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The Steven Michaan Collection of North American Tribal Art : The Art of the Spirit World : Northwest Coast
Tlingit or Tsimshian
Raven Rattle
Hardwood & Paint, 10½" Length, c.1780-1800
Tlingit or Tsimshian Raven Rattle
Tlingit or Tsimshian Raven Rattle

One of the great icons of Northwest Coast art, the raven rattle is said by Native oral tradition to have originated on the Nass River, one of the large trade conduits that connect the Pacific Coast with the continental interior, and home to the Nishga’a branch of the Simogyet, or Tsimshian-speaking peoples.

No one knows just how the enigmatic imagery of the raven, human, tail-bird-head, and sometimes frog came to be assembled in this arrangement, but evidence suggests that it was codified long ago. The image most likely evolved within the shamanic tradition, where the passing of esoteric knowledge is symbolized by the sharing of tongues. Frogs symbolized the shaman’s ability to travel in different worlds, from the living to the spirit, just as frogs could live in both aquatic and terrestrial environments.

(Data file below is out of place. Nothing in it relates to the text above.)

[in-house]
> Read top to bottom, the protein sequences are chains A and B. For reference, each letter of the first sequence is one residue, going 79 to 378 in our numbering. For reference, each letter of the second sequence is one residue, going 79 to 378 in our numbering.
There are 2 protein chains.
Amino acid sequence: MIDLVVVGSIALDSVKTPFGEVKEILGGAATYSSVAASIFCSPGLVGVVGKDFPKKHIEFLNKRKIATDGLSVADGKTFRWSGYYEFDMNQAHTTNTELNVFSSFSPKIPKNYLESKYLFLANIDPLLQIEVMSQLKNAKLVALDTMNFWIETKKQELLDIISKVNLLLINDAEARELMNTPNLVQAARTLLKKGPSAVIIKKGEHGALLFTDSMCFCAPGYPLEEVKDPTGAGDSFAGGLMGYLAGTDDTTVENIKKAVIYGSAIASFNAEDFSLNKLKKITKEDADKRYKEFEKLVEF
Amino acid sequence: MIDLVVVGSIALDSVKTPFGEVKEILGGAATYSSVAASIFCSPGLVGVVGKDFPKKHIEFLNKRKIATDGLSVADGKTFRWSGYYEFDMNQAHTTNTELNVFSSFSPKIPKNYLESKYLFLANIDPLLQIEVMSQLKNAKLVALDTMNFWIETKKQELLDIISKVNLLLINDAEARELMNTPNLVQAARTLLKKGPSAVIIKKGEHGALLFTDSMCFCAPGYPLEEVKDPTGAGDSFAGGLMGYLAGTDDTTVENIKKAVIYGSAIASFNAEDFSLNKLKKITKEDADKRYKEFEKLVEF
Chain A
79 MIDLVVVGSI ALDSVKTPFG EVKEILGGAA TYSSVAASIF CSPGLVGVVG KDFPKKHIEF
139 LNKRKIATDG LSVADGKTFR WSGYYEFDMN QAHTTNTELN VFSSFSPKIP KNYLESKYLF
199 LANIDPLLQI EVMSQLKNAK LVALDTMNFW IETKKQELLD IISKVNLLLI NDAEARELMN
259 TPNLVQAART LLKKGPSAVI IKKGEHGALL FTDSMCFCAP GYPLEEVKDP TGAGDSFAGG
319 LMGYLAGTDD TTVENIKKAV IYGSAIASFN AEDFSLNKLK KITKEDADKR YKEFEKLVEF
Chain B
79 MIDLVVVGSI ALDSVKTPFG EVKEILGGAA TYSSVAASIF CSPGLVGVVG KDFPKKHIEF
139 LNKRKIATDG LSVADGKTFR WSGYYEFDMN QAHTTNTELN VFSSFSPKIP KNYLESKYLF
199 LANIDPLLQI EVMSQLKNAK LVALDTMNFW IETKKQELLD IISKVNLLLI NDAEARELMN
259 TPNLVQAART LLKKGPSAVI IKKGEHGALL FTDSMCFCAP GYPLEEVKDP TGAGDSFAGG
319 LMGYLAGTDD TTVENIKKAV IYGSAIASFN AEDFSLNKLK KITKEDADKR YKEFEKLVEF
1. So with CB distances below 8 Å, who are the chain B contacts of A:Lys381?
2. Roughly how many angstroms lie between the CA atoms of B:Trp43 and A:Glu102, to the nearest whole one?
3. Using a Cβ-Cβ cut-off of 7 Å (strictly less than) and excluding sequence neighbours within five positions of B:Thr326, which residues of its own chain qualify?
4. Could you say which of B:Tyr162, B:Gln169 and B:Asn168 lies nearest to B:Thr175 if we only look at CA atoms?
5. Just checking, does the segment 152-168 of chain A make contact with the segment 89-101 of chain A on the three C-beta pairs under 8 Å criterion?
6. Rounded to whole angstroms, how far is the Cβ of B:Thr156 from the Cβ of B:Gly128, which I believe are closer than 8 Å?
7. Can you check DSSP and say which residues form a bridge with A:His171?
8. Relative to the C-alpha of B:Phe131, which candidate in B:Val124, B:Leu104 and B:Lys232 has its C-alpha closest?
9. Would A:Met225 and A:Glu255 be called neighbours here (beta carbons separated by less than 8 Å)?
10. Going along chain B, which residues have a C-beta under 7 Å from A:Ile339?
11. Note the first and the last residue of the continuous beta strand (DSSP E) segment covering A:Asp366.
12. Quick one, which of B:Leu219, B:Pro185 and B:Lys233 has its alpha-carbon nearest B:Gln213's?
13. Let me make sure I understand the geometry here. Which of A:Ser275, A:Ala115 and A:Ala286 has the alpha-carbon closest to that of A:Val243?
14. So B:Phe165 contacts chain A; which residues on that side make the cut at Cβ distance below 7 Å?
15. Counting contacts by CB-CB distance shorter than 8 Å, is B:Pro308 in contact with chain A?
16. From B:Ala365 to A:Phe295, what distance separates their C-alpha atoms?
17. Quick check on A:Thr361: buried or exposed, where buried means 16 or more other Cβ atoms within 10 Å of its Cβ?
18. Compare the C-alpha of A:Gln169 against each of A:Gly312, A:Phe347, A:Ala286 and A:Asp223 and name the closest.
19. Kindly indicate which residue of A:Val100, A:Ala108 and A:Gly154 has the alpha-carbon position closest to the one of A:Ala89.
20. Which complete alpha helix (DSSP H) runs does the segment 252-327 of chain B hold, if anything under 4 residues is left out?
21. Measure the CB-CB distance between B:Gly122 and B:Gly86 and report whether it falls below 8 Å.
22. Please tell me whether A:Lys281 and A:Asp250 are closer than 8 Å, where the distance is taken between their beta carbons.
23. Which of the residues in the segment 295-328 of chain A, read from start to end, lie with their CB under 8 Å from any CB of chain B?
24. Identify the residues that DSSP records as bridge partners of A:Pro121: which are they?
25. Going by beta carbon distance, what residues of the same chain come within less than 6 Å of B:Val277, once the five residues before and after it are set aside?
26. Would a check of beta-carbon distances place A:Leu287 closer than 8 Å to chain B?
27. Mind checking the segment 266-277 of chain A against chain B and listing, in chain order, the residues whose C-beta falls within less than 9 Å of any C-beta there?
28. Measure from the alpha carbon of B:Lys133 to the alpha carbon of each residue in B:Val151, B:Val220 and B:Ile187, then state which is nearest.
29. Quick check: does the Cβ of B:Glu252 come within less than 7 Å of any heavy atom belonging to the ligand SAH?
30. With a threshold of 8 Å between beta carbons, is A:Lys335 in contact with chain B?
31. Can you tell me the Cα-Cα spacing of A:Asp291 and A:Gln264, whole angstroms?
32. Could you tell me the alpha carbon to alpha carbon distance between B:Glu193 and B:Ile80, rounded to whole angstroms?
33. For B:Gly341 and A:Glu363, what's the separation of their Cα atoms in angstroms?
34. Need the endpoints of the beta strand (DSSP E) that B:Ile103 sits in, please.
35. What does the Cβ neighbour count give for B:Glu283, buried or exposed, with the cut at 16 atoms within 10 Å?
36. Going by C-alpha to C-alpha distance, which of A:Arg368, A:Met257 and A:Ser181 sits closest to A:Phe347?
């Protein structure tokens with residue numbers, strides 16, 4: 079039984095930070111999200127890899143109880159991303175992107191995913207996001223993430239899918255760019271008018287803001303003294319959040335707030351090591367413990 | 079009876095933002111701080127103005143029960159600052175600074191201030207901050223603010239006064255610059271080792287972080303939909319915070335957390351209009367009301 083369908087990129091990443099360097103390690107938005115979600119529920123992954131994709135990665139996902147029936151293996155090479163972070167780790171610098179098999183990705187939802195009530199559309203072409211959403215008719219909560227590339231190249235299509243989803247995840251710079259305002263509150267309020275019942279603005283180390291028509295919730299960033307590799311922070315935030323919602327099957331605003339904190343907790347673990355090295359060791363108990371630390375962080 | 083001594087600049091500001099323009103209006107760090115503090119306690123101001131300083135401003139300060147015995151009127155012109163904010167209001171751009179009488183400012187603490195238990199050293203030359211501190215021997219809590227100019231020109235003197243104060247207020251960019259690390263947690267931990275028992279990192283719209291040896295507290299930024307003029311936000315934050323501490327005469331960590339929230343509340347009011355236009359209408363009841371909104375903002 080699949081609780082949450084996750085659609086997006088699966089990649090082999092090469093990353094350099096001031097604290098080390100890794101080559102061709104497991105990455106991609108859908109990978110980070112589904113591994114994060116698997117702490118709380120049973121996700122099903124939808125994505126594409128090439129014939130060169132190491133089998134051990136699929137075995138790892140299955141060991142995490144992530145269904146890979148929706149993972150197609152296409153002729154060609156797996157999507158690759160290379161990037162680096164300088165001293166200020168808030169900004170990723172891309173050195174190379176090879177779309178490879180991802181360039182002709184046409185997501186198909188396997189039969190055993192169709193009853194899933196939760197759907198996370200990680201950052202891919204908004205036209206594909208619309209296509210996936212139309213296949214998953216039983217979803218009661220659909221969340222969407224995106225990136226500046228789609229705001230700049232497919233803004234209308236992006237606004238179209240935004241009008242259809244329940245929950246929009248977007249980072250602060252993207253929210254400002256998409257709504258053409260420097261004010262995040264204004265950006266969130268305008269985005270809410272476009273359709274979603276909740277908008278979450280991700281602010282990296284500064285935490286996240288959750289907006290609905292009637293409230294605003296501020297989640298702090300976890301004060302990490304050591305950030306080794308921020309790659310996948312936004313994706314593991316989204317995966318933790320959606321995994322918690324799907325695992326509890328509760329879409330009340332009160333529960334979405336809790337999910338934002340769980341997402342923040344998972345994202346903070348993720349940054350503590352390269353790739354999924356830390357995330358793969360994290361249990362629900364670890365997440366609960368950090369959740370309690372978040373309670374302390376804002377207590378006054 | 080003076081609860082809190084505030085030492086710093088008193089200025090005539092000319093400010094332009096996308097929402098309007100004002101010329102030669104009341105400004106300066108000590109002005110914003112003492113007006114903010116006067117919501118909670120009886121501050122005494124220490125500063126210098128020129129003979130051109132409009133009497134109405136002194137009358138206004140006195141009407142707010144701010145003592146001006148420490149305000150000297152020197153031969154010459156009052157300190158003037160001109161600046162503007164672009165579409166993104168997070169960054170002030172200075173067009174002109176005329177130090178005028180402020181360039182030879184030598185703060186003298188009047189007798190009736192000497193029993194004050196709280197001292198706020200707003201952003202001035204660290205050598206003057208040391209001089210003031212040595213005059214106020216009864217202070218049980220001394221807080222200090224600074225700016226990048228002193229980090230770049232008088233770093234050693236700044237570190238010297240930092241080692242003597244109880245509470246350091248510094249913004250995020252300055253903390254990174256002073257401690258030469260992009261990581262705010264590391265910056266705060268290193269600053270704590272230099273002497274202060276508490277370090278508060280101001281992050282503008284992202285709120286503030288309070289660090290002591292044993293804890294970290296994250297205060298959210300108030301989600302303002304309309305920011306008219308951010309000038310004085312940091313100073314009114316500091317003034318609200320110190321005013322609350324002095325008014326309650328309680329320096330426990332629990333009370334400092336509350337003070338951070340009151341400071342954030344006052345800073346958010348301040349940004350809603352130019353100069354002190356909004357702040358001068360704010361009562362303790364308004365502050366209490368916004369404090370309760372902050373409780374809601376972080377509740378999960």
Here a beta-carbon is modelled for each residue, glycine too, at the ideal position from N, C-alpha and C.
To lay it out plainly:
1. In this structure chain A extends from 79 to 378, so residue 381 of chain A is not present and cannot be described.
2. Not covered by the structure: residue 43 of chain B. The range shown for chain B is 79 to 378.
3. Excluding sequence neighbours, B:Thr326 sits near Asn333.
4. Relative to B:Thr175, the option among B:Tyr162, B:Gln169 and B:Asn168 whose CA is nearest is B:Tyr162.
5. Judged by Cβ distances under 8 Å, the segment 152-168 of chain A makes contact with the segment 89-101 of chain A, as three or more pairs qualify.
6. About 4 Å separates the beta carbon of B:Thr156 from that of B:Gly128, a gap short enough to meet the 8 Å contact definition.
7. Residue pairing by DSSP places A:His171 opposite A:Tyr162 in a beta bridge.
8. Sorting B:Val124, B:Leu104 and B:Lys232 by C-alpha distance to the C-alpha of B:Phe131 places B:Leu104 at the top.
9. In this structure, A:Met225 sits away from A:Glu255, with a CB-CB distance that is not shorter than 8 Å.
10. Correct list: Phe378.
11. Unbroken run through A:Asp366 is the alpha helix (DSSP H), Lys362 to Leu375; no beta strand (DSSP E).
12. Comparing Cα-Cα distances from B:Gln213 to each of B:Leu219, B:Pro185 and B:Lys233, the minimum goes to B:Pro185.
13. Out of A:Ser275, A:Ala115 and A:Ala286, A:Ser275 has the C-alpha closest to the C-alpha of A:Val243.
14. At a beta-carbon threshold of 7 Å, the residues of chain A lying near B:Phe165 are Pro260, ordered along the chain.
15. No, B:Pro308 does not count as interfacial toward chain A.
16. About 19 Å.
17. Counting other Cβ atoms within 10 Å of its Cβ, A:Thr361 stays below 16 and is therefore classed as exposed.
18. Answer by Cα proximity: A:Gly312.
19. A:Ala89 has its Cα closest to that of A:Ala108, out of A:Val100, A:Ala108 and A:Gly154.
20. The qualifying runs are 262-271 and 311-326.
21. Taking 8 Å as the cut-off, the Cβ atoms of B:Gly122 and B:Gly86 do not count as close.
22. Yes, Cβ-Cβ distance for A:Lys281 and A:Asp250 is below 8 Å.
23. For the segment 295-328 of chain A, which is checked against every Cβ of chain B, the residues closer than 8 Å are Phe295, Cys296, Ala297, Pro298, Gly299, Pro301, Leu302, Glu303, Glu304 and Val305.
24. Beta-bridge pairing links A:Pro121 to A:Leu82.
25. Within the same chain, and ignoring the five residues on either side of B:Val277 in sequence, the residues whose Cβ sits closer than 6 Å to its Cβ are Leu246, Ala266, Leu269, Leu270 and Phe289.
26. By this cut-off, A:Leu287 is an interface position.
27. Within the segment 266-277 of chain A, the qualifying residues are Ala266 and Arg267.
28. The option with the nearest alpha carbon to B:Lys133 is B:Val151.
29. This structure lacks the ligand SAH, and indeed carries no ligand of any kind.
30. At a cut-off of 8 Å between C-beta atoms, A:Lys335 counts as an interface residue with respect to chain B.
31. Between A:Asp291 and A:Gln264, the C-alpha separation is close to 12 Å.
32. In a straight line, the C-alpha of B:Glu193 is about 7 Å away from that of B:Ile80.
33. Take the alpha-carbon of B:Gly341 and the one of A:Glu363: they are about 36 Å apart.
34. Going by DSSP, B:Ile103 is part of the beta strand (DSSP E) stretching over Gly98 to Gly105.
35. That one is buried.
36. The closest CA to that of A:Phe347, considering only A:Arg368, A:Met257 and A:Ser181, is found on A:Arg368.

By the second half of the nineteenth century, the raven rattle had become the exclusive prerogative of chiefs and clan leaders. It was shaken with a circular, whirring motion during a peace dance, with the dancer attired in an ermine-embellished headdress with carved frontlet. Eagle down in the headdress flew out with the dancer’s head movements, driftng down around the performer as a symbol of peaceful intent.

This rattle exhibits several early characteristics, found mainly in the two-dimensional designs that embellish the raven’s breast and tail feathers, as well as the ovoid-shaped relief in the breast-face and carved-out areas. These traditional design elements are more typical of earlier historical-period styles and are small and narrow when compared to later examples.


Exhibited: Jackson Pollock et le Chamanisme
Pinacothèque de Paris, 2008